Yes I have. It has always worked, although some additional remarks can be made. One year I’ve cut them down in the same month three times, to spread the flowering time in Summer. Each 10 days later meant far fewer flowers. Here in Belgium peonies usually flower in May, with most of the lactifloras around 20-30 May. Canary Brilliants is in the beginning of that period, around May 20 mostly. Cutting down June 1st works fine. June 10th and June 20th are progressively worse. This year was a remarkably cold and wet Spring and they only started flowering in June instead of halfway May. I thus waited until most of them had flowered before cutting down, hence this was around June 15th, when the last flowers were still on the plants. It seems the flowering time is no good predictor of the time to mow them down, I had very few flowers. It’s clear they have to be cut down around June 1st or possibly even earlier to have the blooming at the end of July, beginning of August. That means in a ‘late’ year, they’ll have to be cut down before their first flowering. This does limit the advantages of it somewhat you’ll surely agree. But such late years are a rare exception here, and becoming even rarer due to climate warming.
I’ve also tried to add some GA3 to the plants after cutting them down as this is often done to remove cold requirements. It didn’t help at all. I guess the secondary buds simply start growing because the main stems have been cut down. It is well-known from reports by some hybridizers that you can cut down the main stems from double (lactiflora) varieties early in the season to induce the secondary buds to start growing (which may be less double and hence more usable in a breeding program). That has to be done when they have only sprouted a few weeks at most. I think Canary Brilliants simply reacts longer to this phenomenon compared to other varieties and that it has nothing to do with cold requirements of the secondary buds.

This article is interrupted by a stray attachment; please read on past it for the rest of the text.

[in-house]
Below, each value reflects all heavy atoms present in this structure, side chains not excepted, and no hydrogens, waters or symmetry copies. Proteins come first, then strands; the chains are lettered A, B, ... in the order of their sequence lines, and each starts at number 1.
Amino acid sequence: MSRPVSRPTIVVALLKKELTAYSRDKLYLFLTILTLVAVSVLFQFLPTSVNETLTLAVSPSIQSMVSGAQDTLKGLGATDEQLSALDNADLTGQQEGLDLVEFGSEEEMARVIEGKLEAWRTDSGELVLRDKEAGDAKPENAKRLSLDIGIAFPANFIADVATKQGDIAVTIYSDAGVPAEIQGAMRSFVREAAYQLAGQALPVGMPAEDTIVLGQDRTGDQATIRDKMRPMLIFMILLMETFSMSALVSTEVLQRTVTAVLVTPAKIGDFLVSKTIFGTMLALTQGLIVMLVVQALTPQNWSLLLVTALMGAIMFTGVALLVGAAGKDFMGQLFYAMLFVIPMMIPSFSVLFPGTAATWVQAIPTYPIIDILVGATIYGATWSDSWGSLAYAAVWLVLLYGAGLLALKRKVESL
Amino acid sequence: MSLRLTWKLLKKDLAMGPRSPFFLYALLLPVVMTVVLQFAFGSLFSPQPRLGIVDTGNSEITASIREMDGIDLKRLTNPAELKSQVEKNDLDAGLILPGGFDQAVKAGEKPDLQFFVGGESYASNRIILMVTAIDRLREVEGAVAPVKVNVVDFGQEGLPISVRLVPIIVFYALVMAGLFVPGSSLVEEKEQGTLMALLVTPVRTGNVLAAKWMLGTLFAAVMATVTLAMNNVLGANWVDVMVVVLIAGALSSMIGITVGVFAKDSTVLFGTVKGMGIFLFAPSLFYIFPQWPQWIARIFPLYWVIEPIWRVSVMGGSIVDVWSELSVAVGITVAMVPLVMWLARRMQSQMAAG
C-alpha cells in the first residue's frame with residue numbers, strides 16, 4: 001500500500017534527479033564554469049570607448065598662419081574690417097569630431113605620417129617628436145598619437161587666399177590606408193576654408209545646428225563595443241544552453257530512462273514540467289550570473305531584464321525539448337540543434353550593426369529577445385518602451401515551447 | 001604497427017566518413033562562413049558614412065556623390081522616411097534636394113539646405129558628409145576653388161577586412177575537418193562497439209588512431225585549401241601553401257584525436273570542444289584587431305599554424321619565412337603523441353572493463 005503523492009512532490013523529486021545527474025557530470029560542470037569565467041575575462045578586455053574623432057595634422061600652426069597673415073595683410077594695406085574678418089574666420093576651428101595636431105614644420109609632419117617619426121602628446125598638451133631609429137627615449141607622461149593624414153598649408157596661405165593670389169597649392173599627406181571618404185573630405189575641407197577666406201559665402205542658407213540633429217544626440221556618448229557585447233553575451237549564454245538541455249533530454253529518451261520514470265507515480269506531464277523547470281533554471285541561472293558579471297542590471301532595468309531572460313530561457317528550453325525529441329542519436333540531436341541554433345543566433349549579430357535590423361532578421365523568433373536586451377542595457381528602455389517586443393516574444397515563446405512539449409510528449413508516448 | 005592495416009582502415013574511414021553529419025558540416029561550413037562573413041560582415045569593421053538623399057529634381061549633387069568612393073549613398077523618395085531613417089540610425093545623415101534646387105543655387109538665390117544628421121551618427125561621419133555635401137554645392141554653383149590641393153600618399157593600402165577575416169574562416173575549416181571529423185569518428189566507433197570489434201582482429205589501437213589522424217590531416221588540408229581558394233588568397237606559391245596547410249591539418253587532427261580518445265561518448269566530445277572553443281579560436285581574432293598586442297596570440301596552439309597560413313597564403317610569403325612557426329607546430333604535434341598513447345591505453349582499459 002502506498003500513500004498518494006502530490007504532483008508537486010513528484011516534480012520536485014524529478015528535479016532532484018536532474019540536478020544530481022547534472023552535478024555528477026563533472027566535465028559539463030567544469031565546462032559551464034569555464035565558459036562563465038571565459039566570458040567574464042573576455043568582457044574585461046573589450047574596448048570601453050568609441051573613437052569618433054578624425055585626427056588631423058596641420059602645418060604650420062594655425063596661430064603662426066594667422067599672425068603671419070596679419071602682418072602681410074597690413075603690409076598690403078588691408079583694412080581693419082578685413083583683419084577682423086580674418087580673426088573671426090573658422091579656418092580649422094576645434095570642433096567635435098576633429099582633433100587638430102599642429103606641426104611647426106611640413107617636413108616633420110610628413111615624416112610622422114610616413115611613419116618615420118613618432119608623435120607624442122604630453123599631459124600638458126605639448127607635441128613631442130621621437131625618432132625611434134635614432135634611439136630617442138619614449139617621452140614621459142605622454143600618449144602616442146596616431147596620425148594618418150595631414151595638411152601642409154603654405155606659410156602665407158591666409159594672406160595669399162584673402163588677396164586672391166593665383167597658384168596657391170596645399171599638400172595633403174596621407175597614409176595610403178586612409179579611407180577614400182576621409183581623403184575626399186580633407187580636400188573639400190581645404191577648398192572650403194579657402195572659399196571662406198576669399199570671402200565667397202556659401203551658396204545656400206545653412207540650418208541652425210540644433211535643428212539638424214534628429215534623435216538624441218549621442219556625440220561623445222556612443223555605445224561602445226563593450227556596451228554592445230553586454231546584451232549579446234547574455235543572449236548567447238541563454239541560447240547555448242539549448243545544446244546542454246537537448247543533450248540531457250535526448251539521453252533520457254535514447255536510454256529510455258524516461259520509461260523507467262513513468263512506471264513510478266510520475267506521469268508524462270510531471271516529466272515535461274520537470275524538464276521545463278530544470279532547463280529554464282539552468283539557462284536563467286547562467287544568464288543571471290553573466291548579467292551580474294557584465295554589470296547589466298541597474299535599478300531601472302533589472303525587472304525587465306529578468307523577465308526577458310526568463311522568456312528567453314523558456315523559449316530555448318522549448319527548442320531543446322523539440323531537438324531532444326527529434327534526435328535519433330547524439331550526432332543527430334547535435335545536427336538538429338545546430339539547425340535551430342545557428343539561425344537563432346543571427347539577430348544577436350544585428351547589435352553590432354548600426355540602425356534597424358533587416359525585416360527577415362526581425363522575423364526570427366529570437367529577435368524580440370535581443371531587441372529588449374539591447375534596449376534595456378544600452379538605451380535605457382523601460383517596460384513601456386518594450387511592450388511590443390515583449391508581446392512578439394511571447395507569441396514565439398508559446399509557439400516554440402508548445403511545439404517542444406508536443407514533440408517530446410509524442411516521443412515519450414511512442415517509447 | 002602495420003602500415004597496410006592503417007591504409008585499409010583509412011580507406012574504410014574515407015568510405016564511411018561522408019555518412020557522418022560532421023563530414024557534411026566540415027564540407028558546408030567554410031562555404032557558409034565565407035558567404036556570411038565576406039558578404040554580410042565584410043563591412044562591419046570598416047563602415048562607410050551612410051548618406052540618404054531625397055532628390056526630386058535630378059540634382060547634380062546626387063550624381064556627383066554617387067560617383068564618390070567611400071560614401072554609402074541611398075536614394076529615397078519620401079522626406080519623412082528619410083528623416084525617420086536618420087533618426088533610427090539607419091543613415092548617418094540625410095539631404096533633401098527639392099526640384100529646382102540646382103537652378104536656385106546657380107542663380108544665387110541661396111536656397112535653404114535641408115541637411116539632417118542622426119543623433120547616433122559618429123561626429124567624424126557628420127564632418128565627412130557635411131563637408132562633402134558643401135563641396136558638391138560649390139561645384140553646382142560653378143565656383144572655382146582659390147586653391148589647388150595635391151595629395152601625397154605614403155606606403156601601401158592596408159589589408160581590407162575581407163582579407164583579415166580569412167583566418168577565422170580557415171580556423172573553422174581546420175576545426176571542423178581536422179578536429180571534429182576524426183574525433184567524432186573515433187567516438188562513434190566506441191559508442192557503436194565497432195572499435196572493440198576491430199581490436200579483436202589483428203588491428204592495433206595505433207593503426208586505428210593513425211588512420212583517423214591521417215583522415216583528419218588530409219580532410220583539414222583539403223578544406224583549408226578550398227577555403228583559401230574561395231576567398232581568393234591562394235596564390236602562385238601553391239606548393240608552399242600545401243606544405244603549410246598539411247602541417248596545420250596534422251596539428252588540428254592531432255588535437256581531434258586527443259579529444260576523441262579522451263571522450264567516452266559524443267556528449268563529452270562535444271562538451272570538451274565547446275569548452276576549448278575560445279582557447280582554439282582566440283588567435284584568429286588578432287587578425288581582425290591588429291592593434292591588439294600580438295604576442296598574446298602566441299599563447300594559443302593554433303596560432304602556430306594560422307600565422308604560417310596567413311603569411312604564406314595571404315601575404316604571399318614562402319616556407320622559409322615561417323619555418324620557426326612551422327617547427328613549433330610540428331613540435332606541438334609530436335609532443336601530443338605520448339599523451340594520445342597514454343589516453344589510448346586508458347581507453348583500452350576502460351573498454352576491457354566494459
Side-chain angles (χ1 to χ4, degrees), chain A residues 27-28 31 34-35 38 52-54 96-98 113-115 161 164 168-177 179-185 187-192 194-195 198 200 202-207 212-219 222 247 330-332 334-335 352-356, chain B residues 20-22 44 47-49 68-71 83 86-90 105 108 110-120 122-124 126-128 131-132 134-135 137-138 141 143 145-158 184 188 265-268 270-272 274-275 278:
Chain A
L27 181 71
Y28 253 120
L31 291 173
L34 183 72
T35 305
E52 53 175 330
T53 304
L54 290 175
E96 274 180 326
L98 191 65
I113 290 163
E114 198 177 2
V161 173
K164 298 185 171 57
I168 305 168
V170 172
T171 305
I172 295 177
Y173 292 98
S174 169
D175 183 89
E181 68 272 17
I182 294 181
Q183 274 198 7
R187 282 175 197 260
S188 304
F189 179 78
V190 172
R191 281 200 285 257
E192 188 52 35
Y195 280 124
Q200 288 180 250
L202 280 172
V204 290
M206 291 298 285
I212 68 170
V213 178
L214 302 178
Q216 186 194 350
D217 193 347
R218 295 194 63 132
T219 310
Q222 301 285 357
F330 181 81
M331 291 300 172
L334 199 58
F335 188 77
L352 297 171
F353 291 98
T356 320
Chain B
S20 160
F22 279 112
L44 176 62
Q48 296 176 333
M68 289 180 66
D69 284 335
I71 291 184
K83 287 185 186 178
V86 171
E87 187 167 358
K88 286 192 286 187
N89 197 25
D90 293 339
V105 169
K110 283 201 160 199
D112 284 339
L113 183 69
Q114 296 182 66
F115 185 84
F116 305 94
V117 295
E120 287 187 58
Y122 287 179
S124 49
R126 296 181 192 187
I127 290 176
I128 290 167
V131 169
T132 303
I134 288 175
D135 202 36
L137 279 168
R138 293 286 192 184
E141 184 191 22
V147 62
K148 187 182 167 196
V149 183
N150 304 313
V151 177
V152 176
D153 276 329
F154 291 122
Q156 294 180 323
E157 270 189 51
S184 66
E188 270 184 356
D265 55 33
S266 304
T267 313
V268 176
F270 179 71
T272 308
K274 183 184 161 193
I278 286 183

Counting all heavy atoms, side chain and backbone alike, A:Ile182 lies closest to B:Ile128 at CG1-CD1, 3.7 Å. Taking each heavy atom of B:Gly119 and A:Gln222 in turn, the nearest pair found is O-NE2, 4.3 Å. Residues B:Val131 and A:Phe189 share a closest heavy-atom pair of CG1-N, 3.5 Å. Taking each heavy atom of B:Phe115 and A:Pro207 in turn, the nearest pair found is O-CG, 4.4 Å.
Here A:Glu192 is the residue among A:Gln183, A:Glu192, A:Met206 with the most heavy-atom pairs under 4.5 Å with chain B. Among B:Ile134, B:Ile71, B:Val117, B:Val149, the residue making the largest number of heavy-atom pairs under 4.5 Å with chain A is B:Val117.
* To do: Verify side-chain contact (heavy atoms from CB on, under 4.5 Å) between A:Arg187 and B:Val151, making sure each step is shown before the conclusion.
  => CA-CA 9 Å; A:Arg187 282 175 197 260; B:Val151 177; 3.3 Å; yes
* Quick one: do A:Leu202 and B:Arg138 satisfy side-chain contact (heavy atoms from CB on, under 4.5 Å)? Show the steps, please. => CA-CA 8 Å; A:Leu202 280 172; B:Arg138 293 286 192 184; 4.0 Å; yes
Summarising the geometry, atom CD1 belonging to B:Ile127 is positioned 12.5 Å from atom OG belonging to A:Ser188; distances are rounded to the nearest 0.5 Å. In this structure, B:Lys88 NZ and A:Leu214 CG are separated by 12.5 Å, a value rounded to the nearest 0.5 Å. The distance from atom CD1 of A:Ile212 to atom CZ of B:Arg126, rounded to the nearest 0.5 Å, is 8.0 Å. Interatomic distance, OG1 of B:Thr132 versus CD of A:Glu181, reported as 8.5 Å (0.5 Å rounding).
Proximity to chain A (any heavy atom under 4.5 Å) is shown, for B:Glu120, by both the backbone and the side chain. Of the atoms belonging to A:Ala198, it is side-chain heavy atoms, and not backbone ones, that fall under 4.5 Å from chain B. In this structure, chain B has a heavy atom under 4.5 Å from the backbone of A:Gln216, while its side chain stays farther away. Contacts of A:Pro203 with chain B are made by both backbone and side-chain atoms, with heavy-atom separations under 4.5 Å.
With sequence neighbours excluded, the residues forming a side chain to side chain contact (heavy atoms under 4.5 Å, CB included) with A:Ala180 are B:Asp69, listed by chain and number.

I’ve not propagated my field of Canary Brilliants (some 750 plants) anymore. The flowers sell well in July/August, but the fact remains that that time of the year is when most people are on holiday and most florists close shop, thus demand is quite low anyway. And next to that July/August is, on average, warmer than May, thus they open rather fast. Canary Brilliants as a cut flower already opens too fast in my opinion, but in such warmer weather it’s nearly impossible to sell them easily. You cut them at the right stage in the morning. Put them in a vase and by evening they’re fully open, that’s too fast. Okay for some florists that have a wedding planned and so on, but for general customers that go to a flower shop and decide there what they’re going to buy, they are simply too far open. Given also that you have the remove all the foliage, which is quite a lot of work, I think it can only be a small ‘niche’-product. I’ve tried some other varieties as well this year, with GA3 added, but all I got was some leaflets and no flowers.
So, that’s the story up to now. I don’t think much will be added in the near future. Perhaps the tree peony High Noon has some genetics that may be used to proceed in this direction (or Oukan, one of its’ (more fertile?) seedlings), but I myself am not working on this.